In 2013, Amtrak’s total expenses amounted to $4.2 billion. $2.1 billion or 50% of Amtrak’s total expenses in 2013 came from salaries, wages, and benefits. Employee benefit expenses, including retirement, unemployment, medical, and disability benefits, totaled $702.9 million, or 35%, of Amtrak’s 2013 employee expenses. Other large expenses included train operations, fuel and power, material costs, and communications. By sector, the Northeast Corridor was the only line in 2013, or at any time during the past 20 years, that made a profit. The Acela Express accounted for $236.9 million, or 63% of Amtrak’s total operational profits, while Northeast Regional service accounted for $133 million, or 36% of Amtrak’s total operational profits. The only other profitable lines in 2013 were select short-distance routes including the Adirondack, Washington-Lynchburg service, and Washington-Norfolk service. Collectively, these routes accounted for $4.5 million, or 1% of Amtrak’s total operational profits. Non-designated Northeast Corridor and short-distance routes brought in other non-substantial profits as well. As a whole, state-supported short-distance routes lost $180.8 million in 2013, or $11.73 per passenger, at an average cost recovery per route of 82%. Long-distance routes fared substantially worse, losing $621.7 million in 2013, or $131.94 per passenger. Long-distance lines averaged a cost recovery per route of 48% and accounted for nearly 80% of Amtrak’s total ticket losses for 2013.
Despite tremendous ridership gains over the past few decades, Amtrak’s annual losses have continued to rise, even as profits from the Northeast Corridor reach record highs. In the late 1980s and early 1990s, Amtrak’s deficits remained relatively stable at around $700 million before declining to a then record $1.18 billion loss in 2001. As ridership rose dramatically in the early 2000s, deficits decreased temporarily before reaching a new record loss of $1.25 billion in 2011.
Since its formation, Amtrak has always relied on significant annual federal subsidies to remain solvent. Over the last 20 years, these subsidies have ranged from a low of around $500 million in 2002 to a high of over $1.5 billion in 2010. In 2013, Amtrak’s total federal subsidy of $1.37 billion included an operations subsidy of $442 million, a capital expense subsidy of $642 million, and a dedicated debt service subsidy of $199 million. In addition to Amtrak subsidies, Congress has appropriated nearly $13 billion in additional federal funding for Amtrak-related projects since 1994.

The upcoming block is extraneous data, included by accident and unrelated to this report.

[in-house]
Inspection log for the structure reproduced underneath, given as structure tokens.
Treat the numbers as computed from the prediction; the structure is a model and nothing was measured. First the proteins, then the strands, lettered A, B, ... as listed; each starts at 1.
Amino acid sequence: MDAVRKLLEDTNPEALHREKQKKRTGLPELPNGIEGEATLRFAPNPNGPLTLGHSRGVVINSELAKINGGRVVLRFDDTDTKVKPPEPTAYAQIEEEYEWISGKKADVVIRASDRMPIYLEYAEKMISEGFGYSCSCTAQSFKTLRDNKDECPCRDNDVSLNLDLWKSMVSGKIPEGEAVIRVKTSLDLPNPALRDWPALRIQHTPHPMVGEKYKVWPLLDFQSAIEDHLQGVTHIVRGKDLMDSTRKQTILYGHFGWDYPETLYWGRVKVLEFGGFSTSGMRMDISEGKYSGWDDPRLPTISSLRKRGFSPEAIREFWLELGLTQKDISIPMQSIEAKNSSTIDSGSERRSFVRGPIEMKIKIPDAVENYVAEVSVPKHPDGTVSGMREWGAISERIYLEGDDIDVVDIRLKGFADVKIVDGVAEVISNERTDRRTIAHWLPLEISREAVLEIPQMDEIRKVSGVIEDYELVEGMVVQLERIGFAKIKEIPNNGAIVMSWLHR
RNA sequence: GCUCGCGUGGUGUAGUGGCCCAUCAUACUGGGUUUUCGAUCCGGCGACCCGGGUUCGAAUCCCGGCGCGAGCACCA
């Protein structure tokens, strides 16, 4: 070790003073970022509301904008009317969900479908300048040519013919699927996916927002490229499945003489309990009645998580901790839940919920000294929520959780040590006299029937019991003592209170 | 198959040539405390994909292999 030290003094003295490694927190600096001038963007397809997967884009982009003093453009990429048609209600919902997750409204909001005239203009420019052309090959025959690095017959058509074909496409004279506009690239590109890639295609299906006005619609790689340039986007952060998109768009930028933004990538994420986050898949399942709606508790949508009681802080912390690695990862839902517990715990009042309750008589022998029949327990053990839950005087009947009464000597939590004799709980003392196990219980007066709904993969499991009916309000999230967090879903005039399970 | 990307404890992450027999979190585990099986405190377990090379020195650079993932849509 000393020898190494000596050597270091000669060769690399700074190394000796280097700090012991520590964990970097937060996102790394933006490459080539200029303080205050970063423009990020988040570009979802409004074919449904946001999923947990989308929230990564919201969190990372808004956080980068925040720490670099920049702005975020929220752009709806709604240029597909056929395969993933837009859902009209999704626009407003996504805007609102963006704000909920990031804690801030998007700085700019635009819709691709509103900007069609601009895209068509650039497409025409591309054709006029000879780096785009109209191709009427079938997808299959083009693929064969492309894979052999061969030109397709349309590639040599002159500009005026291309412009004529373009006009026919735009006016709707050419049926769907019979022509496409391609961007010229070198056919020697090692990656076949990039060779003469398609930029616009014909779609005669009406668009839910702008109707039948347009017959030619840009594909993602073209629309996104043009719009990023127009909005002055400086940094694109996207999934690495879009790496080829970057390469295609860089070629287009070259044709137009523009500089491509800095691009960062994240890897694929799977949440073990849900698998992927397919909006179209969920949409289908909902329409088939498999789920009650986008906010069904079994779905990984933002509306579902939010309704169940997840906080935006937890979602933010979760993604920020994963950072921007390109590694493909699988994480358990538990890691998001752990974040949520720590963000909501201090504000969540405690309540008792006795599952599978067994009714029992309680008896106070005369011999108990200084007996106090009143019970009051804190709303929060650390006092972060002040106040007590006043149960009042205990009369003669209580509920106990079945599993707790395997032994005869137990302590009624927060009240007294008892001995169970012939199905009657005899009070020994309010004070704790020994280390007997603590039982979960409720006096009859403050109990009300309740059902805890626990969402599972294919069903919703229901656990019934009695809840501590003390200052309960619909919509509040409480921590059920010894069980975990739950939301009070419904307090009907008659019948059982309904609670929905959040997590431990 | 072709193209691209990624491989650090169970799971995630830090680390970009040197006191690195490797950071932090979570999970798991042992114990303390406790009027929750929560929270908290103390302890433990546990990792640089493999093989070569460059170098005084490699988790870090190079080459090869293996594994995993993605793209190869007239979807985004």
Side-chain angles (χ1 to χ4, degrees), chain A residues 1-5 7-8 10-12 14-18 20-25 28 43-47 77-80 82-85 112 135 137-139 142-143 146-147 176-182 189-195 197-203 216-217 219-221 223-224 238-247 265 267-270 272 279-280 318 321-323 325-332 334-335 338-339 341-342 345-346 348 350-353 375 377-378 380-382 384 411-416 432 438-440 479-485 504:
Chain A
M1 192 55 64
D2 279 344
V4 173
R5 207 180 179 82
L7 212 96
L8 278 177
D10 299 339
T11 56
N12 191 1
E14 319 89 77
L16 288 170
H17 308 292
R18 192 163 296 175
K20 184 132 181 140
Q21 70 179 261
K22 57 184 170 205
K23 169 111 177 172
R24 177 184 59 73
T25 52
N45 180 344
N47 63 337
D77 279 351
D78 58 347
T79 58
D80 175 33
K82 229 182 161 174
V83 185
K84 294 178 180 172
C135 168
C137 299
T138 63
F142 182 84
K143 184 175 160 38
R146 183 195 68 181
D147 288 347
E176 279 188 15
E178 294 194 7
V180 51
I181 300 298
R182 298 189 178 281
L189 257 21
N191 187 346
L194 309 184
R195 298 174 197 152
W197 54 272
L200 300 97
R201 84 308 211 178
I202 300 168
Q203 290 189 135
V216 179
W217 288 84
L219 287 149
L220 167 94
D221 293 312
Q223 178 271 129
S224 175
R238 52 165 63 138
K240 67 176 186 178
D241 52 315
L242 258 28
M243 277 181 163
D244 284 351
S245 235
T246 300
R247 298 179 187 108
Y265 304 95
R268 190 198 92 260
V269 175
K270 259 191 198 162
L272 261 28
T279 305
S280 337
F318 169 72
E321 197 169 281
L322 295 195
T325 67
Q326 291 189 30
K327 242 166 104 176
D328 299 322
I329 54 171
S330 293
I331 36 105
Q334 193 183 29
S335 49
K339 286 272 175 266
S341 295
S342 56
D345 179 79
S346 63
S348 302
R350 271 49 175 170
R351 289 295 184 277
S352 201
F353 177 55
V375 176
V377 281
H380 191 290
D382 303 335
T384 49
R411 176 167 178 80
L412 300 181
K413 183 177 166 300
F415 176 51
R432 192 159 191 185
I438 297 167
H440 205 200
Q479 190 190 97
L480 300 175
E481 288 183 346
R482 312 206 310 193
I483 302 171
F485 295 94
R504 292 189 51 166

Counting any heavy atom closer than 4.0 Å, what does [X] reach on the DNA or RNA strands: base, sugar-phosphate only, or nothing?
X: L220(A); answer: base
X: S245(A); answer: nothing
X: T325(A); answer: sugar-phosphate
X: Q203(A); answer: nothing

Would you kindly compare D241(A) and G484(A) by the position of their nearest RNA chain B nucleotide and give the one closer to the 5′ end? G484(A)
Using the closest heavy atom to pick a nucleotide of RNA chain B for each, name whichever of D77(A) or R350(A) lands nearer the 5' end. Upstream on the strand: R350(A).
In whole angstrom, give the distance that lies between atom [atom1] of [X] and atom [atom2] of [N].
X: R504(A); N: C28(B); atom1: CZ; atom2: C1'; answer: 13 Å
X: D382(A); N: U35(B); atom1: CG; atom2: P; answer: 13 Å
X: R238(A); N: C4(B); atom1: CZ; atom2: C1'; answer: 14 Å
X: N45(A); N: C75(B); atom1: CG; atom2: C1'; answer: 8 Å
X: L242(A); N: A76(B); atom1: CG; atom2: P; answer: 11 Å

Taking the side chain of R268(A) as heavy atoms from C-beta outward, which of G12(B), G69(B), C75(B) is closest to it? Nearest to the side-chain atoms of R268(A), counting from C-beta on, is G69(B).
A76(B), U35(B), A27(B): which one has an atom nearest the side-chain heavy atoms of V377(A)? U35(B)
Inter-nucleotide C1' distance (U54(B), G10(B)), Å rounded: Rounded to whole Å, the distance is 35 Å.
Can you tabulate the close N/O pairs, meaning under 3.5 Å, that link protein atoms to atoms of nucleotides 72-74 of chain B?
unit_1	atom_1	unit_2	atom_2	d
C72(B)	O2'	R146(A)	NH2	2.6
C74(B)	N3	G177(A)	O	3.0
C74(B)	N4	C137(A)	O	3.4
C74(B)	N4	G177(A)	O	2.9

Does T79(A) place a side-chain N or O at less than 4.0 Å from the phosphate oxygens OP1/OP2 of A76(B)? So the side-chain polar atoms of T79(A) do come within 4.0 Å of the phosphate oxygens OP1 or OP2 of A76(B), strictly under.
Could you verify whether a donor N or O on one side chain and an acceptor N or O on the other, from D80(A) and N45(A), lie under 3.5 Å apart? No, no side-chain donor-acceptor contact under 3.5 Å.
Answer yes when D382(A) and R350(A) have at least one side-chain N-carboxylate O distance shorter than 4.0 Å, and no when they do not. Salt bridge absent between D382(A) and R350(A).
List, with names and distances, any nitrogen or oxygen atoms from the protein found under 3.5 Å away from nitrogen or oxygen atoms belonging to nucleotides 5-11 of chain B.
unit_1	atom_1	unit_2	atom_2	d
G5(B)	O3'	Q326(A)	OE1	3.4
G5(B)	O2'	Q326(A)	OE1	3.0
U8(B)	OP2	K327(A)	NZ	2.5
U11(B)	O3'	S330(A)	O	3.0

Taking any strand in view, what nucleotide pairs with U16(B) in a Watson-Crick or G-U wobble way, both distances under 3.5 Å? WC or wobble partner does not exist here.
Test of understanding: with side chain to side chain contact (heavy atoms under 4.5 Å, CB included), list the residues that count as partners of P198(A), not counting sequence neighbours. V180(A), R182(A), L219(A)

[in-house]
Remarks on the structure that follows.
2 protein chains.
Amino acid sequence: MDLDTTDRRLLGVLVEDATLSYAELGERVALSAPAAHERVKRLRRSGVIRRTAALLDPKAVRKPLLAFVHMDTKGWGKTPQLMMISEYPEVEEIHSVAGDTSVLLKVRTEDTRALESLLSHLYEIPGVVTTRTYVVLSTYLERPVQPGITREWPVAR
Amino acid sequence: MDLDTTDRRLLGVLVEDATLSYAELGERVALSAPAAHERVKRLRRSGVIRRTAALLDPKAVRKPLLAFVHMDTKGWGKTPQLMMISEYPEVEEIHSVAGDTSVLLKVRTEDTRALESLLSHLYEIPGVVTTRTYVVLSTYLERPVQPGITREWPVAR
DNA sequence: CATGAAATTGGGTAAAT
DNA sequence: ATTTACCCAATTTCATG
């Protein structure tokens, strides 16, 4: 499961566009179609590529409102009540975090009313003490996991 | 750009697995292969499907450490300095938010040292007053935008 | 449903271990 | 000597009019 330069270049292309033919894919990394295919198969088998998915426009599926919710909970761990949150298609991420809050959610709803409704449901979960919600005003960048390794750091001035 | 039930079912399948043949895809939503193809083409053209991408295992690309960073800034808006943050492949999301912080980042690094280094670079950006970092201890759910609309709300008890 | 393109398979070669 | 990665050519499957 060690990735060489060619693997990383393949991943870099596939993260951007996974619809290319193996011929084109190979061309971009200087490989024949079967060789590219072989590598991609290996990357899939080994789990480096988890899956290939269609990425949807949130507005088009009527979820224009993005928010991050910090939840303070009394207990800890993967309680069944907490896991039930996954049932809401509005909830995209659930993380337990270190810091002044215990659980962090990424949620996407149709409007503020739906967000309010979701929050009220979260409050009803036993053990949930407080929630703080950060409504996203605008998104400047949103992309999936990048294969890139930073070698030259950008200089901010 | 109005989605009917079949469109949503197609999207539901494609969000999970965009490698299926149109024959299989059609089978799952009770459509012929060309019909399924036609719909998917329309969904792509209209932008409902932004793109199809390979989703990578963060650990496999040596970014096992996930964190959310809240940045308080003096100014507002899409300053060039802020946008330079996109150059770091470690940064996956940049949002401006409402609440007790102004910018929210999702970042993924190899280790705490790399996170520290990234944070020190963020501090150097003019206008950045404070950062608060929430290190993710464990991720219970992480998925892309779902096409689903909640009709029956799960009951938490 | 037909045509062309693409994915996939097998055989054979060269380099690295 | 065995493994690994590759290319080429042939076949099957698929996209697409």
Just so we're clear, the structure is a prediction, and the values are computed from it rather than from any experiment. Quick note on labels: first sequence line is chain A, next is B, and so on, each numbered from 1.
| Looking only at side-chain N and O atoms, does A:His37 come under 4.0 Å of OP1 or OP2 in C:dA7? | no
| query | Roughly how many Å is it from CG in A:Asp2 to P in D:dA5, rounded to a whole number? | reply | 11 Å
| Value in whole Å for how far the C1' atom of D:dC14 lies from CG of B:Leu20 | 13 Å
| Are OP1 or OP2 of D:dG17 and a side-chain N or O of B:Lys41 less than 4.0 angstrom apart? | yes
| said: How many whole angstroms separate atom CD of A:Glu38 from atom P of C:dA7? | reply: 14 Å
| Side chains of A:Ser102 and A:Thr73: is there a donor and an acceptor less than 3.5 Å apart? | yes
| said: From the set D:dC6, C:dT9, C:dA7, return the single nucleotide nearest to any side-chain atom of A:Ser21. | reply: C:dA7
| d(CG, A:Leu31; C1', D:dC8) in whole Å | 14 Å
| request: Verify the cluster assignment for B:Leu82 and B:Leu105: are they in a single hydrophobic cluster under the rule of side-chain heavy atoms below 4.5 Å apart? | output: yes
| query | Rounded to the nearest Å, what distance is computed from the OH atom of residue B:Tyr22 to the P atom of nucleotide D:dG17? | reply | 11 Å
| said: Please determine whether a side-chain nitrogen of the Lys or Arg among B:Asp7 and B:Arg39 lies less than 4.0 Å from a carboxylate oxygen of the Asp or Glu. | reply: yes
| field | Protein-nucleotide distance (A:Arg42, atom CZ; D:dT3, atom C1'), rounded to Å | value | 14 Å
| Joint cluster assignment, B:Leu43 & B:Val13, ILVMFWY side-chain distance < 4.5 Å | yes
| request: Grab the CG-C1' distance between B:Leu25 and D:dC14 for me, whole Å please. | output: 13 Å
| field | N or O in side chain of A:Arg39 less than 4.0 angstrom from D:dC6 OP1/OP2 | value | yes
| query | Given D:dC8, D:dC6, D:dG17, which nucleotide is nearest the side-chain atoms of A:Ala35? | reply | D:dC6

Even though Amtrak has seen ridership, revenue, and even profit growth throughout its system, it is still, by almost any economic measure, a failing business. Amtrak continues to bleed money even though its most successful routes have seen record ridership and revenues. Amtrak’s inability to reap the economic benefits of its apparent success is due to both the number of unprofitable routes that overwhelm its profitable routes as well as the inelasticity of Amtrak’s cost recovery in comparison to its ridership growth. Overall, 90% of Amtrak’s routes lose money. This leaves Amtrak’s few profitable routes, including those on the Northeast Corridor, to fund the losses on not only the unprofitable routes, but also capital expenditures throughout the entirety of the system. In other words, a business traveler buying a ticket from Washington to Philadelphia is paying a portion of her fare to repay losses along cross-country routes and fund infrastructure improvements throughout the entire country. Making matters worse, many of the unprofitable routes that are responsible for Amtrak’s largest operational losses are unable to make money even if they reached maximum capacity ridership. For example, over the past five years, every Amtrak route has increased ridership by some margin. Still, a quarter of these routes managed to post greater losses in 2013 than in 2009 despite increasing both ridership and ticket revenue. Further, another 25% of Amtrak’s routes only slightly reduced their deficits despite gaining ridership and revenue. As partisan politics threaten Amtrak’s already unstable annual federal subsidy, the ability of Amtrak to recoup losses and finance capital expenditures using excess revenues generated from just a handful of profitable routes is not only undesirable, but also uncertain.